By default, many investors are more comfortable investing in established companies, commonly known as blue chips, due to their perceived stability and familiarity.
In contrast, shares with small market capitalization (market price of each share multiplied by the number of shares) tend to carry a bad reputation and are shunned.
Some of the common negative associations that come with small-cap shares include them being risky, lacking in quality, and occasionally, being outright frauds.
The latter association in particular, could perhaps be attributed to the many S-chips (China-based companies listed in Singapore) that were suspended from trading after being flagged out by audit reports or investigations.
Small Cap Stocks still outperform Large Cap
That said, according to Moneychimp’s inflation-adjusted annualized returns for 1927-2005, small cap value outperformed large cap value by almost 3 percentage points.
While it doesn’t mean much in a single year, it can lead to some astronomical returns gap over the long run.
With that, let us pound on 3 reasons why Small Cap Stocks can be promising investments.
#1 – Huge Potential of Growth
First and foremost, when investors look at companies with huge market capitalisations today, they forget that these companies had also started off as small businesses. In light of that, a small-cap shares is basically a building block which offers new investors a chance to participate in its future growth.
Put another way, small-cap shares are like raw diamonds with the potential to become attractive, polished gems. And as the diamonds become polished, investors could then sit on long-term capital gains that are huge multiples of their initial investment.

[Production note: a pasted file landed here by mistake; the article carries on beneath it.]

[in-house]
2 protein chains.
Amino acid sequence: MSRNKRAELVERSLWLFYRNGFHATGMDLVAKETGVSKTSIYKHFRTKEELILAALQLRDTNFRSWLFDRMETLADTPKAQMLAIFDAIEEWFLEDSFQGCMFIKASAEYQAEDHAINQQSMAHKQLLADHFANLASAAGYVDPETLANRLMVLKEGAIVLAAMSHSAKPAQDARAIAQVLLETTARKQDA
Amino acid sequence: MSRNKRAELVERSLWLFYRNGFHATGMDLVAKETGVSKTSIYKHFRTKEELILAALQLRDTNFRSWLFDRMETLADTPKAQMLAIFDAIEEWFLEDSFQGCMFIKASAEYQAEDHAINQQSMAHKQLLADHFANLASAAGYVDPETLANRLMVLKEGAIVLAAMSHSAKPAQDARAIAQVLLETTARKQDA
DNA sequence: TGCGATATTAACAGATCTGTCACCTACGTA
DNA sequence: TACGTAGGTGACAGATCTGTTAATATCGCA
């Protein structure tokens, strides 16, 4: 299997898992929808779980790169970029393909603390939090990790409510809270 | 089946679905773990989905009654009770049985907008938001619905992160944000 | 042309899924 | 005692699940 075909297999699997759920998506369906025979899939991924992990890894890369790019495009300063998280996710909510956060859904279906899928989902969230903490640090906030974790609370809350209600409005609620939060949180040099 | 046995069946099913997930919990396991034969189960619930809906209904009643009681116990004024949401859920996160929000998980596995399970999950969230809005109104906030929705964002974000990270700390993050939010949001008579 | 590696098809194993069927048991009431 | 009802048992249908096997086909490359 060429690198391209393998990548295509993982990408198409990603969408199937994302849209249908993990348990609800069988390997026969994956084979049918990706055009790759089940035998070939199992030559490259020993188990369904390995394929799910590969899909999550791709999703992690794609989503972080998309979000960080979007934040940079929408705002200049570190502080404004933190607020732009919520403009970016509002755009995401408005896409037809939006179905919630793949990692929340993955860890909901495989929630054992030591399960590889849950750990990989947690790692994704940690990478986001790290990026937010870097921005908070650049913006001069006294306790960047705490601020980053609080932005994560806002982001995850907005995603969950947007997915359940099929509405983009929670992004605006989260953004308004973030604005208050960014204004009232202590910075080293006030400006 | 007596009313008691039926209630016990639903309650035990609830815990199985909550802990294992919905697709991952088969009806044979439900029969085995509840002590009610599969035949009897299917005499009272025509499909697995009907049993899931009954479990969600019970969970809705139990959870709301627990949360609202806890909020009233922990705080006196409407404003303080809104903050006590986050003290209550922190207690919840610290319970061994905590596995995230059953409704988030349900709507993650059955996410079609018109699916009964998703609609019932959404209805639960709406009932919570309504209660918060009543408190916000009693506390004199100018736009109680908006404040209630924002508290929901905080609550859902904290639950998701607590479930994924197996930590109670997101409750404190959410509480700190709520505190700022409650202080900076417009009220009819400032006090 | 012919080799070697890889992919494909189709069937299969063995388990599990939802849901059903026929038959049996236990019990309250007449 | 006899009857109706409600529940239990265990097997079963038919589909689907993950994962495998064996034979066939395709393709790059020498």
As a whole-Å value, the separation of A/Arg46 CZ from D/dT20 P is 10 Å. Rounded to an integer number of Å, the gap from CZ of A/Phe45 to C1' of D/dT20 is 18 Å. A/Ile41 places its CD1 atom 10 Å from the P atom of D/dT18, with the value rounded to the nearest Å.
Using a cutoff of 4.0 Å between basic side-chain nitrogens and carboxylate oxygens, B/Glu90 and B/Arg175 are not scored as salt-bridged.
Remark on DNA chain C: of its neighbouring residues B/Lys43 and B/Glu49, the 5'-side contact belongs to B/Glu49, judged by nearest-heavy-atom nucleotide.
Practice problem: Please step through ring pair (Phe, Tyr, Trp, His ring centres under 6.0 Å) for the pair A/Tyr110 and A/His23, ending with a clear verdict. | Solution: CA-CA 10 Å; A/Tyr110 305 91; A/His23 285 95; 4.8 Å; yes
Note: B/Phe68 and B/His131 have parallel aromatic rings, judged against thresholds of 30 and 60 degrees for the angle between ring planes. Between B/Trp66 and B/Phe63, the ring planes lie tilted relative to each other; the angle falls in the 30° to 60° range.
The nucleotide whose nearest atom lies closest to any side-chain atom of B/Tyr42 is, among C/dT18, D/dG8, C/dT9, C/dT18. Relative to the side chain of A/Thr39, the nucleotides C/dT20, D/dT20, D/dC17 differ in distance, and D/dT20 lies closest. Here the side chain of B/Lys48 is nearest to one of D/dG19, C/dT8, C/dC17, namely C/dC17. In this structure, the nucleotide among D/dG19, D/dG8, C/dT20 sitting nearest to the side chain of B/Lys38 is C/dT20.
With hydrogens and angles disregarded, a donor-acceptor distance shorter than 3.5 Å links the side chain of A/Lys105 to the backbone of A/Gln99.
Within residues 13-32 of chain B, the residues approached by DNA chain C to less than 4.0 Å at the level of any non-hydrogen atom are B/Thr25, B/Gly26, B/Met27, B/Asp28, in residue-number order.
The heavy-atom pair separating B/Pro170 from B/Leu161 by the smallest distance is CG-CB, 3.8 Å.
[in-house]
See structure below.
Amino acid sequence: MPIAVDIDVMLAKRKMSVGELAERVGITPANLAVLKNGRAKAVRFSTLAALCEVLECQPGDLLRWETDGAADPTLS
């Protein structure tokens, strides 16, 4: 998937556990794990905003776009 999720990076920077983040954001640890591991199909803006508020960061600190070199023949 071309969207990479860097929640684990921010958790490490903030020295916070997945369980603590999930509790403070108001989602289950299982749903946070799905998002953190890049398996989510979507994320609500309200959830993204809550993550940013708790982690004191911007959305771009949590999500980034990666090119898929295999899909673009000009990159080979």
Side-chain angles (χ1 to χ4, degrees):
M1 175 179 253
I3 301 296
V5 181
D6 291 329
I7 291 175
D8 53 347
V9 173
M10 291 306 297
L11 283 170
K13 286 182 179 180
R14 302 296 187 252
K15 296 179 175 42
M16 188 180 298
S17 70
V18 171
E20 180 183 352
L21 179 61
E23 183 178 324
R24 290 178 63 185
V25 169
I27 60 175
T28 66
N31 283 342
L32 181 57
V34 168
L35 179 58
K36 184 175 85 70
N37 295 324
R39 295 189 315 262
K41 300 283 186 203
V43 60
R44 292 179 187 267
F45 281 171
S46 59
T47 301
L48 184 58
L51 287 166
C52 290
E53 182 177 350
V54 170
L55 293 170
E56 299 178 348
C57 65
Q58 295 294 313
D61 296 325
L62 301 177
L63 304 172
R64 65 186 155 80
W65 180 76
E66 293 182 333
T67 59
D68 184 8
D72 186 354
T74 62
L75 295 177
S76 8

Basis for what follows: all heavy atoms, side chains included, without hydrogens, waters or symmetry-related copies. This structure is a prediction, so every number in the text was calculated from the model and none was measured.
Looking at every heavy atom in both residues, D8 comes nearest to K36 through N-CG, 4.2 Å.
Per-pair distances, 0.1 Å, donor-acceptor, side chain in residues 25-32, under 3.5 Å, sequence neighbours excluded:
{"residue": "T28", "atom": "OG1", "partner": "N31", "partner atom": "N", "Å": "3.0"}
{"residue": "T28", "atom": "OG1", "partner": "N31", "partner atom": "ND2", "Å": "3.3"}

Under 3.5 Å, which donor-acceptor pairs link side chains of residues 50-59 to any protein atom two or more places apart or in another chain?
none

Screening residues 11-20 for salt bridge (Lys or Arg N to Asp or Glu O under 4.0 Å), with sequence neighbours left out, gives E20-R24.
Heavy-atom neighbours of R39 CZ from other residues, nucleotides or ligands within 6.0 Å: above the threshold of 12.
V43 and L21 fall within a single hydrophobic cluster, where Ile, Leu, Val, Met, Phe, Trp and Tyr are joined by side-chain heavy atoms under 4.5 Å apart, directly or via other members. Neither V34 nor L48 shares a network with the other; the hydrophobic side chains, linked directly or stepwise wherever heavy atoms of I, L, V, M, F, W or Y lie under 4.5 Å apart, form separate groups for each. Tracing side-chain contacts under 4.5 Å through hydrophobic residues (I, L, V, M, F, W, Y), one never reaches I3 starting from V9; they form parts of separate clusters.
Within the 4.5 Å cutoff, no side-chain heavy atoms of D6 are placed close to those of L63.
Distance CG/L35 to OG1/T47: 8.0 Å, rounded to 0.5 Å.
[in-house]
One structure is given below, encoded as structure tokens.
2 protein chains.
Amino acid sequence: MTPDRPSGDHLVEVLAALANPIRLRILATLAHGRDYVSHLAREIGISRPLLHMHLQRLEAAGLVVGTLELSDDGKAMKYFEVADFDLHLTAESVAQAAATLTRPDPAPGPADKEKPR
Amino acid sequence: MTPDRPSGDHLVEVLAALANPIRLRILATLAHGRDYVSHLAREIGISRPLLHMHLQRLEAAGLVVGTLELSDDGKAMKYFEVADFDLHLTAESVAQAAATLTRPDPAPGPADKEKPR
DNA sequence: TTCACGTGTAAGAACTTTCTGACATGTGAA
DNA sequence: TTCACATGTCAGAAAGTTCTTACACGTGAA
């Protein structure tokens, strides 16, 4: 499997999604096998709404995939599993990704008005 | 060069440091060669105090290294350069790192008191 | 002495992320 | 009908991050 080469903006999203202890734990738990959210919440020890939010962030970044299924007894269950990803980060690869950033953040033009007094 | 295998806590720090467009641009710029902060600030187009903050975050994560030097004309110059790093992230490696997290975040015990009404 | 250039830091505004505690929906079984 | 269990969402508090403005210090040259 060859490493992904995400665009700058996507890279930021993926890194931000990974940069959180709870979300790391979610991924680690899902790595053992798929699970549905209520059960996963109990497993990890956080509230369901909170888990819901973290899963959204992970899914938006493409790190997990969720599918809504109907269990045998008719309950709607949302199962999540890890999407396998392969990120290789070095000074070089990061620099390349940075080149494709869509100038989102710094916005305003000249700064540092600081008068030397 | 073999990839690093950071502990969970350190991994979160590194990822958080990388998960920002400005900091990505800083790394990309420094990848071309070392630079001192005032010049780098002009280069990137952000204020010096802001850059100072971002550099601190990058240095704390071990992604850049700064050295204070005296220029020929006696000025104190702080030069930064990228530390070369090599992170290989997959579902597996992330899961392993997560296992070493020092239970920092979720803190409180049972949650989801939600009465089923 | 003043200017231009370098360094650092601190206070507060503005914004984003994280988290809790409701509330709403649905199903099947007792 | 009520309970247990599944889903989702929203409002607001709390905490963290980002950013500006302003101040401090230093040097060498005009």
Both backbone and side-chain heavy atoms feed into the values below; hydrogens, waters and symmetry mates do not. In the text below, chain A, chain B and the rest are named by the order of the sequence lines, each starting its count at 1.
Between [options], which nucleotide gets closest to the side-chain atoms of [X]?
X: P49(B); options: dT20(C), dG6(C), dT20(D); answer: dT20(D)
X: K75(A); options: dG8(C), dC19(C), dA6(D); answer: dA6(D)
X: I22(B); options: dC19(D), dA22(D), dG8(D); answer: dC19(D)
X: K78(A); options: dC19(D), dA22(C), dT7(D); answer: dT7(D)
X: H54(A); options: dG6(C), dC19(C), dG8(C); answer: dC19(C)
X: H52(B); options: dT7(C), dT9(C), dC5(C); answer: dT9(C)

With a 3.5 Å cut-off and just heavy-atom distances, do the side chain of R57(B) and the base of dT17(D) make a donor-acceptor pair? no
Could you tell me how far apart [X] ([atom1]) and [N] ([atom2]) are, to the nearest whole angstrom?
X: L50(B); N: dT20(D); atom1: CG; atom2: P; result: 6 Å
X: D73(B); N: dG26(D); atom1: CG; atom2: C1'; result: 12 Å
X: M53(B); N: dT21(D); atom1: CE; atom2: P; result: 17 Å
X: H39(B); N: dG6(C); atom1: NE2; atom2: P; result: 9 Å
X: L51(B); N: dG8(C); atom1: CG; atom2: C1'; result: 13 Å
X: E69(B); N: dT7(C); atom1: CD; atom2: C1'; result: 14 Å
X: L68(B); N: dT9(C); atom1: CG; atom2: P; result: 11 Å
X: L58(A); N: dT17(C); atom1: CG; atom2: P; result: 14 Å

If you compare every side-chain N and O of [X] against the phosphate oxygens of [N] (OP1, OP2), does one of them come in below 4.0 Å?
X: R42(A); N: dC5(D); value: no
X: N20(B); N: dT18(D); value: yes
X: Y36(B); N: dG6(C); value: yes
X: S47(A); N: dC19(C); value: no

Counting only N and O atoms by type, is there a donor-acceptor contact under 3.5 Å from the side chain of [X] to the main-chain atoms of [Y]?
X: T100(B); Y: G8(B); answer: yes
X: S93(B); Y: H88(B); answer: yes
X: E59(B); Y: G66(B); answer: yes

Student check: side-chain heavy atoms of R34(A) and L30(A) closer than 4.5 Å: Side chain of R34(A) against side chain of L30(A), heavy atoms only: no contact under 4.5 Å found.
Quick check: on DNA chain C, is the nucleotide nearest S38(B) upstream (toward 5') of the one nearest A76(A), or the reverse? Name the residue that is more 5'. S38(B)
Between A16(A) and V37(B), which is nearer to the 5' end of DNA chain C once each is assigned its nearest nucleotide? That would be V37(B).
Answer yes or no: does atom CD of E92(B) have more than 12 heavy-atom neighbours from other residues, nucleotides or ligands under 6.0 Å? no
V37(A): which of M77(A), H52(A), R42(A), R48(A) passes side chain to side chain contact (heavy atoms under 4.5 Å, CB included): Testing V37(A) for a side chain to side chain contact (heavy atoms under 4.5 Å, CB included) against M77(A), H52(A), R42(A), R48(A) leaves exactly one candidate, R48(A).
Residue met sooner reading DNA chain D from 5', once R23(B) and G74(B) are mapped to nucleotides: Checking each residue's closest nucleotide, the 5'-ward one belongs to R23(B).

Riverstone Holdings (SGX: 5ME) are just 1 example of small cap stock that delivered tremendous growth in the past. Its share price jumped from S$0.365 in 2 Jan 2014 to S$1.19 in Jan 2019 – 326% returns in 5 years!
Lastly, it makes sense that the larger a company grows, the slower its rate of growth will become. Take for instance – Singtel. It has a market cap of S$53.9 billion and its hard to fathom any double or triple jump in its share price.
#2 – Mutual Funds and Unit Trusts Commonly Avoid Small Cap Stocks
Mutual funds and unit trusts often have an investing mandate that prevents them from investing huge sums of money in small cap shares.
Furthermore, a small percentage of cash inflow from a fund might cause a large swing in the share price of a company with a small market capitalization as such companies simply lack the size to absorb big investments.
In return, such institutional restrictions can provide a great advantage to small or individual investors in the form of a lack of interest from the big boys.
This can create buying opportunities for individual investors who are able to separate the wheat from the chaff within the small cap universe and invest in promising firms early on at cheap prices.
# 3 – Small Caps generally go under the radar
This point follows through from the last. Since institutional investors often aren’t interested or allowed to invest in small-cap shares, this disinterest also spreads to the analyst community, resulting in small cap stocks seldom gaining much research coverage.
This thus creates the possibility that small-cap shares with great underlying businesses may be materially undervalued. In such situations, investors have the opportunity to gain extra profits owing to pricing inefficiencies that occur.
All in all, while there are many associated negatives surrounding small cap stocks, the inherent advantages should be a good reason why investors should also dig for hidden gems in the small cap space.
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